Before Covid, landlords had the upper hand in restaurant lease negotiations. Now they’ll settle for tenants who can make the monthly rent.
The balance has shifted. Advantage: tenant. Now landlords are reducing rents to entice survivors to sign on.
Angelina Branca’s relationship with her landlord was rocky even before the coronavirus. They had disputes over HVAC, plumbing, water bills, and city taxes. But Branca and her husband John had spent around $280,000 transforming a former shoe store into Saté Kampar, their 50-seat Malaysian restaurant in Philadelphia’s Passyunk neighborhood, so in February the Brancas had their lawyer contact the property manager about their June 1 lease renewal.
The Brancas faced a scheduled 15 percent rent hike on their $2,760 monthly rent, and their landlord refused to reduce it or make adjustments because of Covid-19, which closed the restaurant on May 17. Branca estimated they would need another $7,000 in monthly revenue to meet the increase—easy enough under normal circumstances, unlikely at reduced occupancy with no end in sight. The couple vacated the space on May 31 to avoid being locked into another five-year term at a higher rent.
“We worked so hard to try to make use of what we invested,” said Angelina. “We feel like we were being pushed out.”
Before Covid, landlords had the upper hand in lease negotiations. Restaurant owners aim for lease rates of 6 to 10 percent of their gross revenue, but they often end up paying more and cutting into increasingly narrow profit margins.
The virus changed all that. “Landlords started out as pitbulls, and they’ve turned into poodles,” said David Helbraun, founding partner at Helbraun Levey, a New York law firm that’s currently renegotiating restaurant leases for 200 clients. Restaurants used to be a relative bright spot for landlords, compared to other retail businesses, but, according to the National Restaurant Association, and investment bank UBS forecasts that at least 20 percent of restaurants will shutter by the end of the year. Landlords can’t afford to be hardline with the survivors.
“This is worse than 2008, certainly. Retail looked bleak before Covid-19. Now it’s a complete mystery about how deep the bottom will go and when it will turn around,” said Barbara Denham, a senior economist at Moody’s Analytics REIS.
“Restaurants are our neediest category.”
Rent rates are softening, but it’s a volatile landscape. Landlords who took on a lot of debt to acquire their properties often can’t amend leases, even in the face of prolonged vacancies, because the lenders that hold their mortgages won’t agree, according to Peter Braus, managing principal of real estate firm, Lee & Associates. And some might prefer the relative security of renting to multi-unit operators and chains, pushing independents out of the market.
“If you have a solid operation, you should be able to negotiate something, but it’s just so complicated because there are so many variables,” said Mark Stone, president of the restaurant consulting firm Infoclear Management LLC. “There’s no clear road map.”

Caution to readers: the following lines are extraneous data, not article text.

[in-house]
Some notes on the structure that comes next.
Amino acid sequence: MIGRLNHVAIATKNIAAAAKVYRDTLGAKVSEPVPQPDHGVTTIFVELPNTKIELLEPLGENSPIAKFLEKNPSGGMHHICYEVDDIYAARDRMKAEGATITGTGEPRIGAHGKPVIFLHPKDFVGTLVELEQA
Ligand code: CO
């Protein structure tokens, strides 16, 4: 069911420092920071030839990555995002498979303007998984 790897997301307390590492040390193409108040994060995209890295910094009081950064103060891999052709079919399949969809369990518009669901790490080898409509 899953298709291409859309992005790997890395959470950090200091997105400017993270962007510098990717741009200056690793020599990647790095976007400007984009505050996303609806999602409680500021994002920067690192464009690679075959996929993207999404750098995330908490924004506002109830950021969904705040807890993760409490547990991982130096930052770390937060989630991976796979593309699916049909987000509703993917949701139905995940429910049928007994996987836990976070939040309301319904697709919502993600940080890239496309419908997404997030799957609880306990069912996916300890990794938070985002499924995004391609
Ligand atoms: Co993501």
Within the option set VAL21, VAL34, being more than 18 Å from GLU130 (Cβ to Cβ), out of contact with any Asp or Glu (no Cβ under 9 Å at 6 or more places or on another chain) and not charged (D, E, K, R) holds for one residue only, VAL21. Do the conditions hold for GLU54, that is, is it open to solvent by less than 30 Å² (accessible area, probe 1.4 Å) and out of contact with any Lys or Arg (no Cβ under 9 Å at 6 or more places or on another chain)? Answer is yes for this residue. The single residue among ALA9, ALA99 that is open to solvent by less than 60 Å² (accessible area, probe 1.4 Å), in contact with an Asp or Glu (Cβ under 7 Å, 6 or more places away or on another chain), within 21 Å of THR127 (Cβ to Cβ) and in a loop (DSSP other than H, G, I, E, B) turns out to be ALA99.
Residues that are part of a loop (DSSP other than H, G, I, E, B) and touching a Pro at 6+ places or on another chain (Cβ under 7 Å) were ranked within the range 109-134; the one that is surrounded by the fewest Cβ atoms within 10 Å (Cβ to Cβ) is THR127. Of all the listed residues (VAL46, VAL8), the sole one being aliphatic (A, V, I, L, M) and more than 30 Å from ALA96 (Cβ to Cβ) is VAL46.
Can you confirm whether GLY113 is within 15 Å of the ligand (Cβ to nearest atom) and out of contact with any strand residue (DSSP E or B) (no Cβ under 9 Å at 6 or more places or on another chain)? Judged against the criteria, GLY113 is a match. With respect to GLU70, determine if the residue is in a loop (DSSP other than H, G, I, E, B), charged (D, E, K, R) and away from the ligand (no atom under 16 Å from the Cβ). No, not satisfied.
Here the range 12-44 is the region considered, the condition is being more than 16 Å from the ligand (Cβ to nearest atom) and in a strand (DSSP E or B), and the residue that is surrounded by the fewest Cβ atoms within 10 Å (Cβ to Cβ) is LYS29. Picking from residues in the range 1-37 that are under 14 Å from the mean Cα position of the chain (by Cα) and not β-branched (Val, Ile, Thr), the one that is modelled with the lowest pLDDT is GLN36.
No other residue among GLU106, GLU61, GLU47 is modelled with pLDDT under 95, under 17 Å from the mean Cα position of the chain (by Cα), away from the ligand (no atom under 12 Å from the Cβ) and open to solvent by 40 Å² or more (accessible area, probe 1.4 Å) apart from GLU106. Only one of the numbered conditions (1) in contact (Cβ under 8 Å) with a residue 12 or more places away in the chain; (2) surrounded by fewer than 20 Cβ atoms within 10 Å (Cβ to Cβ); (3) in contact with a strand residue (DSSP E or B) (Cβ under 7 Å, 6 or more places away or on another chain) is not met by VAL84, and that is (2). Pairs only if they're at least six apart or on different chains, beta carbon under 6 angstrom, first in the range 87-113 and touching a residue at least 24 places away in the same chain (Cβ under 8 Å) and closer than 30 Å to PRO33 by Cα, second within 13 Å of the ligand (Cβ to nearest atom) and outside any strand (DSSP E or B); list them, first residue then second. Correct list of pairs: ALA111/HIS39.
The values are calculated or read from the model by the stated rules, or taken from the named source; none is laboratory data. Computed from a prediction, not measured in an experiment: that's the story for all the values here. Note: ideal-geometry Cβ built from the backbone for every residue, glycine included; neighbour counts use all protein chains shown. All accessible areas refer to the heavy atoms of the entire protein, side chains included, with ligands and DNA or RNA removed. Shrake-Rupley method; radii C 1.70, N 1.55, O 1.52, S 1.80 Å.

Promise in percentage leases
Percentage leases look like a promising solution, with tenants either paying a percent of gross revenue or a lower base rate than a standard lease, plus a percentage. It’s not a new concept, and it can backfire if a restaurant does well. “If a restaurant crushes it, the landlord gets extra rent,” says Chris Maling, principal of retail capital markets for Avision Young, an international real estate investment trust.
For now, percentage leases are a temporary fix, designed to limit what a restaurant pays until its business returns to pre-pandemic levels: the goal is to phase out the percentage as business improves.
“They’re never going to make up the business they lost, ever. To expect those tenants to repay for that rent in the future is unrealistic.”
Lee & Associates, which has residential, office and retail clients, owns 40 buildings in New York City and brokers leases in many more. “Restaurants are our neediest category,” said Braus. “They’re never going to make up the business they lost, ever. To expect those tenants to repay for that rent in the future is unrealistic.”
So far, Lee & Associates has been able to work out deals to keep their hospitality tenants in place. Percentage leases aren’t a panacea, though. “I’m only going to do it with tenants that have systems in place that I trust—a restaurant with 40 locations. I’m not going to do it with a mom-and-pop,” said Braus.
One size doesn’t fit all
In the wake of the pandemic, insurance companies have refused to pay business interruption insurance, which would normally pay for rent during restaurant closures, and the federal government’s Paycheck Protection Program doesn’t come close to making up for lost revenue, at 60 percent of funds earmarked for payroll and 40 percent for rent.
“If I paid landlords with PPP money, I couldn’t restart my business,” said Birch Coffee co-owner Jeremy Lyman, who’s negotiating leases with more than a dozen New York City landlords. Lyman says that business is always slow in January and February, and having been shut down during traditionally strong months, “PPP money has to be applied to catching up” on invoices and expenses.
“Deferments wouldn’t work based on the numbers we were doing pre-Covid, even in a super successful store.”
Some of Lyman’s landlords waived April rent and began to offer two-to-four month rent deferments, “but deferments wouldn’t work based on the numbers we were doing pre-Covid, even in a super successful store,” he said, noting that an average Birch Coffee shop grosses more than $100,000 per month.
Lyman proposed a percentage rentt schedule to his landlords: depending on the building, he would pay 10 to 20 percent of his revenue, with no base rate, until he returns to 80 percent of his pre-Covid business. None of his landlords have refused the offer outright, but no one is finalizing deals until they better understand Birch’s sales trajectory.